The starter solenoid is an electromechanical device used to shift the starter motor pinion gear to mesh with the engine flexplate or flywheel. When current is supplied to the solenoid ignition terminal, the magnetic windings inside are energized. This creates a magnetic field that pulls the internal plunger, which in turn moves the linkage to engage the starter. The solenoid plunger contact disc also closes the circuit between the battery and starter motor.
Modern starter solenoids are attached directly to the starter motor. In most cases, when the solenoid fails, the entire starter is replaced.
Part 1 of 2: Locate the starter solenoid
In order to safely and efficiently replace your starter solenoid you need a couple of basic tools:
- Free repair manuals
- Jack and jack stands
- Jumper wires or remote engine starter
- Protective gloves
- Repair manuals
- Safety glasses
Step 1: Jack up the vehicle. Jack up the vehicle and support it with jack stands.
Step 2: Locate the starter solenoid. The starter is typically mounted to the bellhousing on the underside of the engine. The starter solenoid is mounted on top of the starter.
Part 2 of 2: Test the starter
Step 1: Locate the starter ignition terminal. Locate the starter ignition terminal. It will often have an electrical connector attached to it and will be the smallest of the starter terminals. It is often referred to as the starter “S” terminal.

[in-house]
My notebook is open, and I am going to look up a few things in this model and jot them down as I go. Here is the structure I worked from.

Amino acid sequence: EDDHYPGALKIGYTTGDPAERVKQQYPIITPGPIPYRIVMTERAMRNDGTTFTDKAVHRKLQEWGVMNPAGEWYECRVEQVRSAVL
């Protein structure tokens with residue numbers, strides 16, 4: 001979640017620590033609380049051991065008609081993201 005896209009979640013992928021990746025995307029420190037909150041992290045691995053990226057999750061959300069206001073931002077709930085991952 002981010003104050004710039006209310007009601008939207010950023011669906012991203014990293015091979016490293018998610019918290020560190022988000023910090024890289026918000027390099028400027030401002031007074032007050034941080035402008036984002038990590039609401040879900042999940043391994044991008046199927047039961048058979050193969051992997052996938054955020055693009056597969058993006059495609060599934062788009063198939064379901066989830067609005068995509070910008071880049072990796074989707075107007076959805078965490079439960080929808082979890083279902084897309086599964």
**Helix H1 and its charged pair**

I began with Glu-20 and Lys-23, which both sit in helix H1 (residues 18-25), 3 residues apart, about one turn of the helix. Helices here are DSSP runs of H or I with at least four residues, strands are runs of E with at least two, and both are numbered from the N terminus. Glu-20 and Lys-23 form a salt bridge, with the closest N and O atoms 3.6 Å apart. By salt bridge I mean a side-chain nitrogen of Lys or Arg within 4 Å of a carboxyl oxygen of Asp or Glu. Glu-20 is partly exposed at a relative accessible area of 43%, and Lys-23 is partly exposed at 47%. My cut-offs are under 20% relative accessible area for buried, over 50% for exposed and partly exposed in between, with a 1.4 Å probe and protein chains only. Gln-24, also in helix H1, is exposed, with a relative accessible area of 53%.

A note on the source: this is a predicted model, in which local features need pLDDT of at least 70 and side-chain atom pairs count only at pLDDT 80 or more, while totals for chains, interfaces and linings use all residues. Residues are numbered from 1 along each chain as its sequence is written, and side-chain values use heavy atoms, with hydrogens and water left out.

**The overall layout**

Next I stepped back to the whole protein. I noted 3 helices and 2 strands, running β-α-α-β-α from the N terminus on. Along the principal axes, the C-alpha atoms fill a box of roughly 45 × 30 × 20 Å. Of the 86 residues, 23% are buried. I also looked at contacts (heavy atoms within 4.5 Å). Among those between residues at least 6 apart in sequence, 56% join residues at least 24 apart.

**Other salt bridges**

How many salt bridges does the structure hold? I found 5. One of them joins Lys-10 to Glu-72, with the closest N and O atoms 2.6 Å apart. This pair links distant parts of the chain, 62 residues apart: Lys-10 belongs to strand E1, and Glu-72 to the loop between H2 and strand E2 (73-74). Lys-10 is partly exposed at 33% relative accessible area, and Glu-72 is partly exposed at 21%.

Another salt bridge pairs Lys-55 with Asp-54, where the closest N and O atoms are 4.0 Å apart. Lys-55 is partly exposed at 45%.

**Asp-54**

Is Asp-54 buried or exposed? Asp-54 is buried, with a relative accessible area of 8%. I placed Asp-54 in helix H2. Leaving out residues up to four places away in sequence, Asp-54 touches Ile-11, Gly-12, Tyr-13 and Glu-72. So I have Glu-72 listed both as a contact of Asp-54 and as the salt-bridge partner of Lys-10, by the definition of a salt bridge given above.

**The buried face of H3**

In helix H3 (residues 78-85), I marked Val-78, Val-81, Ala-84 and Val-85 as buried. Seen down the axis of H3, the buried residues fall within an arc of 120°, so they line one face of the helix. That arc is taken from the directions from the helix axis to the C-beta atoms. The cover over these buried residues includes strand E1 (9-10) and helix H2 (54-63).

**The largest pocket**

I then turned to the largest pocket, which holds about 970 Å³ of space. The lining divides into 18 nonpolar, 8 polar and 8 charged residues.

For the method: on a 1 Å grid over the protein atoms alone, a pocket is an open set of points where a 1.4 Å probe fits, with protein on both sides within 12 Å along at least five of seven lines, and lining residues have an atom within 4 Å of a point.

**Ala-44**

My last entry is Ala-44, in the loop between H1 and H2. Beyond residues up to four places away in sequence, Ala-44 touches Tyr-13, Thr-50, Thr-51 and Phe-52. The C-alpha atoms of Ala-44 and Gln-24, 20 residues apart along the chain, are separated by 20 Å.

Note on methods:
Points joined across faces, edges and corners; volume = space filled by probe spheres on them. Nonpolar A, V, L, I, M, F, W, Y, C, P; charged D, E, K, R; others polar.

Step 2: Attach the jumper wires. First, attach the jumper wire to the starter ignition terminal. Then, momentarily touch the other end of the jumper cable to the battery positive terminal of the starter battery (“B”) terminal.
If the solenoid and starter are working, the starter will engage and crank the engine over. A safer way to perform this test is by using a dedicated remote engine starter. This tool is hooked up the same way but provides a button to push for starter engagement.
- Note: The starter battery terminal has power going to it at all times. Be sure not accidentally ground it while performing the test or injury could result.
Step 3: Lower the vehicle. Once testing is complete and you’ve performed any necessary repairs, remove the vehicle from the jack stands and lower it.
If this sounds like something you’d prefer to leave to a professional, contact a professional technician, such as one from YourMechanic, to replace your starter for you.
This article originally appeared on YourMechanic.com as How to Test a Starter Solenoid and was authored by Mia Bevacqua.